This year’s International Open Access Week features the theme of “Open for Climate Justice”.
In conjunction with the International Open Access Week which is taking place all of this week, we are happy to share with you a guest blog post from Dr Lyle Skains, a Principal Academic In Health and Science Communication with Faculty of Media and Communication. Dr Skains’s feature article talks about “Building a Climate Change Educator Community through Open Access”.
You & CO2 (YCO2) is an innovative, interdisciplinary project combining research and public engagement activities to encourage young people, aged 12-15, to engage with the global problem of climate change on a local scale and to commit to behaviour changes that will reduce their carbon footprint. Specifically, we collaborate with teachers to offer a series of multidisciplinary workshops teaching teens about climate change and climate action through playing/reading and creating interactive digital narratives. We then measure the effects of the workshops on student attitudes toward climate change and action.
Because the research team is so strongly committed to action around climate change, we’ve agreed to make all materials associated with the project open access (OA) as much as possible, to ensure that not only do our peers in academia (with institutional affiliations and library access) have access to the knowledge we are generating, but also so that teachers, parents, kids, and policymakers have easy access as well.
YCO2 materials encompass three areas: research outputs, teaching materials, and creative/coding materials. We’ve made all three areas OA. Some are easier than others! There’s no publishing industry or career metrics associated with the production of teaching materials and creative/coding texts, so we’re free to distribute those via the internet, direct from us to you. Our research outputs, however, are a different story.
For a lot of academics (me included!), the words “open access” are, to para-quote Anthony from Season 2 of Bridgerton, the “bane of our existence, and the object of all our desires”. As researchers, we’d love for all of our work to be open access—in general, we got into this gig to generate and share new knowledge, not to be content monkeys for an overgrown publishing industry.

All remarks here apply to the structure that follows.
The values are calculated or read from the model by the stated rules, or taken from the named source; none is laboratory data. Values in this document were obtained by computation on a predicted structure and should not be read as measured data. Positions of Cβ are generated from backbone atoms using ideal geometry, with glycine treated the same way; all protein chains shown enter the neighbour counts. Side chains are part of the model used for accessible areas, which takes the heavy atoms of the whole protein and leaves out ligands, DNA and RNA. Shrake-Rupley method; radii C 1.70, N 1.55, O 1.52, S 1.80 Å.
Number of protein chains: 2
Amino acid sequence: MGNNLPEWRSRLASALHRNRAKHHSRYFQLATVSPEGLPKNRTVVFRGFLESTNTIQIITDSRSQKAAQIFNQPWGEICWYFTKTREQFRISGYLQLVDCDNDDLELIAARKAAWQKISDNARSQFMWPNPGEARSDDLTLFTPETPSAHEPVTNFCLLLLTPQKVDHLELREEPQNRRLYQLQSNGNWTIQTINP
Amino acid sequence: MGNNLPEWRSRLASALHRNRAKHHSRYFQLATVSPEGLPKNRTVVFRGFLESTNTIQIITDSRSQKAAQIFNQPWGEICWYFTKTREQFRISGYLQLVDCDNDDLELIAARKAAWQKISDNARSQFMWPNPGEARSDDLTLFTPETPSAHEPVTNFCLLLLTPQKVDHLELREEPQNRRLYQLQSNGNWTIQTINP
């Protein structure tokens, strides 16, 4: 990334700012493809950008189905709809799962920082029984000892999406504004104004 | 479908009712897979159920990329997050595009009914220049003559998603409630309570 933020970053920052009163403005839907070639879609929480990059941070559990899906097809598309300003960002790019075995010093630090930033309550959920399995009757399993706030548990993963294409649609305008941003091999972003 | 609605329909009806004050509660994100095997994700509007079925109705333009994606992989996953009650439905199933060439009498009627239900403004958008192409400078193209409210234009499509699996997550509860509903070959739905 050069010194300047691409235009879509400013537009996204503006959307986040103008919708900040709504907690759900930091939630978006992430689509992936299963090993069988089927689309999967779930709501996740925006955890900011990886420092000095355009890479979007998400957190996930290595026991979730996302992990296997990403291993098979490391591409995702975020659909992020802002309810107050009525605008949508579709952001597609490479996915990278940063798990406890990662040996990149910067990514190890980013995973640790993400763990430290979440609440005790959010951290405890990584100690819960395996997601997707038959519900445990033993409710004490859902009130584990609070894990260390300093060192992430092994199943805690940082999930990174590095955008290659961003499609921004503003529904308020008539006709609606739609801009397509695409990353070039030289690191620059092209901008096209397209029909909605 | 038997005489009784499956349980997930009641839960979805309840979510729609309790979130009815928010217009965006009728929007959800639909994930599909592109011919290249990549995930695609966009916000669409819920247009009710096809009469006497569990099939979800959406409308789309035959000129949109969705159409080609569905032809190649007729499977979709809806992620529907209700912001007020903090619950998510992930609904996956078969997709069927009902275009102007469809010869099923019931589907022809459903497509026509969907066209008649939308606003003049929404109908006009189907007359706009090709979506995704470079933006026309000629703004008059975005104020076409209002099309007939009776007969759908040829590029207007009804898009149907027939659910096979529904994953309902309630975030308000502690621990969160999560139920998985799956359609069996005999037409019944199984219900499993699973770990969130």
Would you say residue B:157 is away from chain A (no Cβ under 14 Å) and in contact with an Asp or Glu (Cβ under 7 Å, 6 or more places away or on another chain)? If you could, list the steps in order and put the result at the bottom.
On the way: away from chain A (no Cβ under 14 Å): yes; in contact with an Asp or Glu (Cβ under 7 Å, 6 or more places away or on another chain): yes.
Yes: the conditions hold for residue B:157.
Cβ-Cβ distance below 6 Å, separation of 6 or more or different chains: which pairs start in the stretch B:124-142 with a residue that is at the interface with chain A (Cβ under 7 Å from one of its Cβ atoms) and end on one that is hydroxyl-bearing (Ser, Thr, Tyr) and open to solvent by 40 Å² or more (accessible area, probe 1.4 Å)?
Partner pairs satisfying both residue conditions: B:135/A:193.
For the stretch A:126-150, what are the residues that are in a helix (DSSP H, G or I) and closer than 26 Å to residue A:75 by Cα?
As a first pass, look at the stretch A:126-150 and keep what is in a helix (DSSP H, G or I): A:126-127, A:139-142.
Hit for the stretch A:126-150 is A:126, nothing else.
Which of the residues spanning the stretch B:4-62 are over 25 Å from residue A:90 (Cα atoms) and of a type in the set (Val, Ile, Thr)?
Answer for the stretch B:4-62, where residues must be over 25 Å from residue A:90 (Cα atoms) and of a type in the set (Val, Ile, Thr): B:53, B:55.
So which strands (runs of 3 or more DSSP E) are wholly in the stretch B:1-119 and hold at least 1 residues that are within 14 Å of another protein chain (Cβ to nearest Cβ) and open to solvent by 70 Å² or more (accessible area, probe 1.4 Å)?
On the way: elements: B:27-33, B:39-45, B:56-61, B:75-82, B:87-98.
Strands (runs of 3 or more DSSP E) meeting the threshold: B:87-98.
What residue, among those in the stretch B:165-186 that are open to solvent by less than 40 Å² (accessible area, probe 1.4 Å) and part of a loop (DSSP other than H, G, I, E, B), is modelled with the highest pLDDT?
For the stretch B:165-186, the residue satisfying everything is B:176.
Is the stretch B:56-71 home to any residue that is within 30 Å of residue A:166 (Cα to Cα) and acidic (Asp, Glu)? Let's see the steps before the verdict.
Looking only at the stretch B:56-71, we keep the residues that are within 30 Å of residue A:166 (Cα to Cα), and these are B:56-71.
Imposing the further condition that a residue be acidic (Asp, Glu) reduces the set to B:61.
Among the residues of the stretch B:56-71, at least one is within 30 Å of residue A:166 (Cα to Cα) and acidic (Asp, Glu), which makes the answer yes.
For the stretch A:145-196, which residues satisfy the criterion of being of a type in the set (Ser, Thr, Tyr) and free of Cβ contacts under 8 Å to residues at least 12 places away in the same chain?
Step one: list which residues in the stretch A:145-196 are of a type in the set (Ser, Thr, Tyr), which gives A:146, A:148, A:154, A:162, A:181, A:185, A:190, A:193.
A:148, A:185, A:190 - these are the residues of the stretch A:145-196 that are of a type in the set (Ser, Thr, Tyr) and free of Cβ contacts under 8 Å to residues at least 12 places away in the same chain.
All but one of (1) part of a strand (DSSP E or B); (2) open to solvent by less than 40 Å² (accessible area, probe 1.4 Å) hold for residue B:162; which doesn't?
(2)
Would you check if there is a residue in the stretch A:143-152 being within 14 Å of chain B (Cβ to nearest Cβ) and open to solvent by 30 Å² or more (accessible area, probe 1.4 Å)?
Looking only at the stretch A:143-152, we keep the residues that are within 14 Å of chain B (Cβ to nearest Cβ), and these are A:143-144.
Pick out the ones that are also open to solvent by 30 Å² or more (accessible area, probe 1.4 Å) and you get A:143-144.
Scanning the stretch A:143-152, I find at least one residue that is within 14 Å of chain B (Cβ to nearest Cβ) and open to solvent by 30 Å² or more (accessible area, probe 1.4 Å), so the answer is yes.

Of course, somewhere along the line that’s what we became, and if we actually want our work to be OA (and we do, and our funders do…), we have to bail out that publishing beast with every OA article by paying some pretty steep publishing fees. Not to mention the fact that we have to navigate a maze of rules, regulations, bureaucracy, changing funders’ requirements, and institutional agreements just to get our research in a respectable form that everyone can access. It’s… a lot.
For every journal article we publish on YCO2—and so far we’ve published three, with two more in review—we jump through every one of these hoops. It’s important that we do. Our program’s purpose is to educate and influence people to act against climate change. It does no good whatsoever if no one knows about it. The project is designed to be run in schools, so it needs buy-in from teachers, headteachers, principals, IT professionals, and parents.
We don’t have a built-in distribution service. We rely on word of mouth, social media, presentations at public events, and direct contact with schools. Teachers find us through Twitter and Royal Society newsletters. If we are going to be able to convince them to run our program in their classrooms, they need to see what we’re doing with it. What we (and by extension they) are getting out of it. We shouldn’t be the only ones benefiting from the knowledge they help us generate.
When they see our website, our publications, our freely offered teaching materials, teachers can determine exactly how the program fits with their needs, how they can use it to improve their curriculum, and how their input and activities contribute to future iterations of the program. Making our materials OA helps us develop a relationship between teachers and the YCO2 program, establishing a network of climate change educators dedicated to effecting change.
That makes it worth all the hoop-jumping and red tape, not that we don’t wish there were a better way!
To find out more about Dr Skains and her research area, please visit Dr Skains’s Staff Profile Page.
Some of Dr Skains’s articles which are available open access include the following: